Saq has just released the notebook demo . You can download a copy of a course notebook synced to a demonstration Wikispace, and see how it works.
Next step: a page that automatically generates a notebook to go along with your own Wikispace. No, the notebook generator is there already. Here’s the link: Notebook Generator. The only limitation is that it’s set up to generate notebooks that have exactly the format for my pols250 course. That won’t be right for all uses. Saq is going to be working on different templates. That’s what will come later.
Lewcid aka Saq Imtiaz of Unamesa is back to blogging, and is announcing the upcoming release of a demo version of the student notebook I’ve talked about in previous posts (here and here). The demo will allow you to create your own notebook-version i.e. personal, annotatable, offline-version of your wikispace. (The same TiddlyWiki -based technology could be adapted to other wikis). Stay tuned!
A couple of years ago I became enamored of concept mapping, and did a lot of work to integrate concept maps into teaching political theory. I made diagrams of the argument in Book 1 of Plato’s Republic, of Hobbes’s account of the sources of social conflict, of Locke’s Second Treatise of Government, or Rousseau’s Social Contract. Here’s one that’s intended to capture the structure of Locke’s defense of toleration:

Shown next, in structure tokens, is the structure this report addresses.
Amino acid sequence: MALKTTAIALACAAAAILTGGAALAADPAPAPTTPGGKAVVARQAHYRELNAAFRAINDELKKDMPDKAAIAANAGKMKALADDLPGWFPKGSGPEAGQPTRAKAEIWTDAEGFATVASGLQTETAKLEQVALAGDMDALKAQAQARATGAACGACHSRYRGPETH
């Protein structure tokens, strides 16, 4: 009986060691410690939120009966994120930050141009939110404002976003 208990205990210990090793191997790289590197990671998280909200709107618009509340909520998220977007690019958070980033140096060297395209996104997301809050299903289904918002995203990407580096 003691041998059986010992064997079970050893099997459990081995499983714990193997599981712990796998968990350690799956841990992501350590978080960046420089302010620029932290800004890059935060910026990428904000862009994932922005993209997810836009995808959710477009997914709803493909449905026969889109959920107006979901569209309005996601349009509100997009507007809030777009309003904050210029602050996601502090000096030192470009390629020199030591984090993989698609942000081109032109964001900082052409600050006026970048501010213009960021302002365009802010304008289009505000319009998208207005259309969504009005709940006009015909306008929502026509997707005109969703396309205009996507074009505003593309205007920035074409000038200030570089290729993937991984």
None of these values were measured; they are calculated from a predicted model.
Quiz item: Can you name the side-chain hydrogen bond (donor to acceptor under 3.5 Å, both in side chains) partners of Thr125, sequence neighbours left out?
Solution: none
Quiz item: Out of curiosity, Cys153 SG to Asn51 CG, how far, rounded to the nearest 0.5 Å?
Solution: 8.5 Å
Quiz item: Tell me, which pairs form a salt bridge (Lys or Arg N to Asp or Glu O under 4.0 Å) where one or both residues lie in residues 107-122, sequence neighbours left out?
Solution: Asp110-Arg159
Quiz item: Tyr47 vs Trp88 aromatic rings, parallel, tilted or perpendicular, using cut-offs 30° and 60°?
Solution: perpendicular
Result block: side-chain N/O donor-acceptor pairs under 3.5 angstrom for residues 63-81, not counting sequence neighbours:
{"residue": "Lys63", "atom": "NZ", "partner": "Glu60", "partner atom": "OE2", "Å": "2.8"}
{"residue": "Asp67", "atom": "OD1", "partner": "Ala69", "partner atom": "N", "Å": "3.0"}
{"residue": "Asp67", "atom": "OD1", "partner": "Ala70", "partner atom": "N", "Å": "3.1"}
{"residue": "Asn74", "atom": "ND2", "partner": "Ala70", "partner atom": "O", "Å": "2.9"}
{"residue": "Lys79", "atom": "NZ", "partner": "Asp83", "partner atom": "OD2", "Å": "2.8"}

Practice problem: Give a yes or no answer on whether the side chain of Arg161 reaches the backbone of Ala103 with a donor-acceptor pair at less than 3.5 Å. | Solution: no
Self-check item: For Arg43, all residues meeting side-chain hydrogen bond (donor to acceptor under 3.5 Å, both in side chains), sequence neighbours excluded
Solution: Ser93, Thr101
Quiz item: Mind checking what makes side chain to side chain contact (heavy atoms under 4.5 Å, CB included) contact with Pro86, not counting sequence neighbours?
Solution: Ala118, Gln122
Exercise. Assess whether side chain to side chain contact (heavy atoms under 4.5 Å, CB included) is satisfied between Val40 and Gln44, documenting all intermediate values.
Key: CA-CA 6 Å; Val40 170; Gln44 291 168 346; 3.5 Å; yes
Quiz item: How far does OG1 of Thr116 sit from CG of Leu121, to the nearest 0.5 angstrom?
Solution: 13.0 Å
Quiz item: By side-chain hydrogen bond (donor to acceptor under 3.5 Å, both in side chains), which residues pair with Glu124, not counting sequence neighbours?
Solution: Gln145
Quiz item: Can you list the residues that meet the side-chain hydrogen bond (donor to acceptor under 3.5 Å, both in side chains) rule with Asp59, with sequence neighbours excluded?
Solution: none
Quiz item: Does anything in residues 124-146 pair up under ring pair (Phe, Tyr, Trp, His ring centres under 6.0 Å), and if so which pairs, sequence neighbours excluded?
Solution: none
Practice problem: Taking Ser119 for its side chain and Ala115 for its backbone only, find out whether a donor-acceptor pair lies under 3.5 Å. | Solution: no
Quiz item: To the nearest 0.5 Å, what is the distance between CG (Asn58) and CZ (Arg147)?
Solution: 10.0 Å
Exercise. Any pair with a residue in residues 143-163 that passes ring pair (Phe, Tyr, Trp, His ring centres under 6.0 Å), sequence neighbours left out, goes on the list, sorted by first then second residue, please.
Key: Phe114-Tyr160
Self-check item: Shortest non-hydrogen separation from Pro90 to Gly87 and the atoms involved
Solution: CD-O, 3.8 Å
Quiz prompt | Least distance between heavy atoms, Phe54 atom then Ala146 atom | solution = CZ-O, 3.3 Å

I found these maps very illuminating, but some (many?) of my students found them too confusing. “Couldn’t you simplify it a bit more, into a list of bullets?” Well, yes… but what fun would that be? It’s the complexity that’s interesting. Probably my mistake was to introduce the full complexity up front, instead of giving the students the elements and having them figure out the map (or the alternatve possible maps). As usual, too top-down, not interactive enough.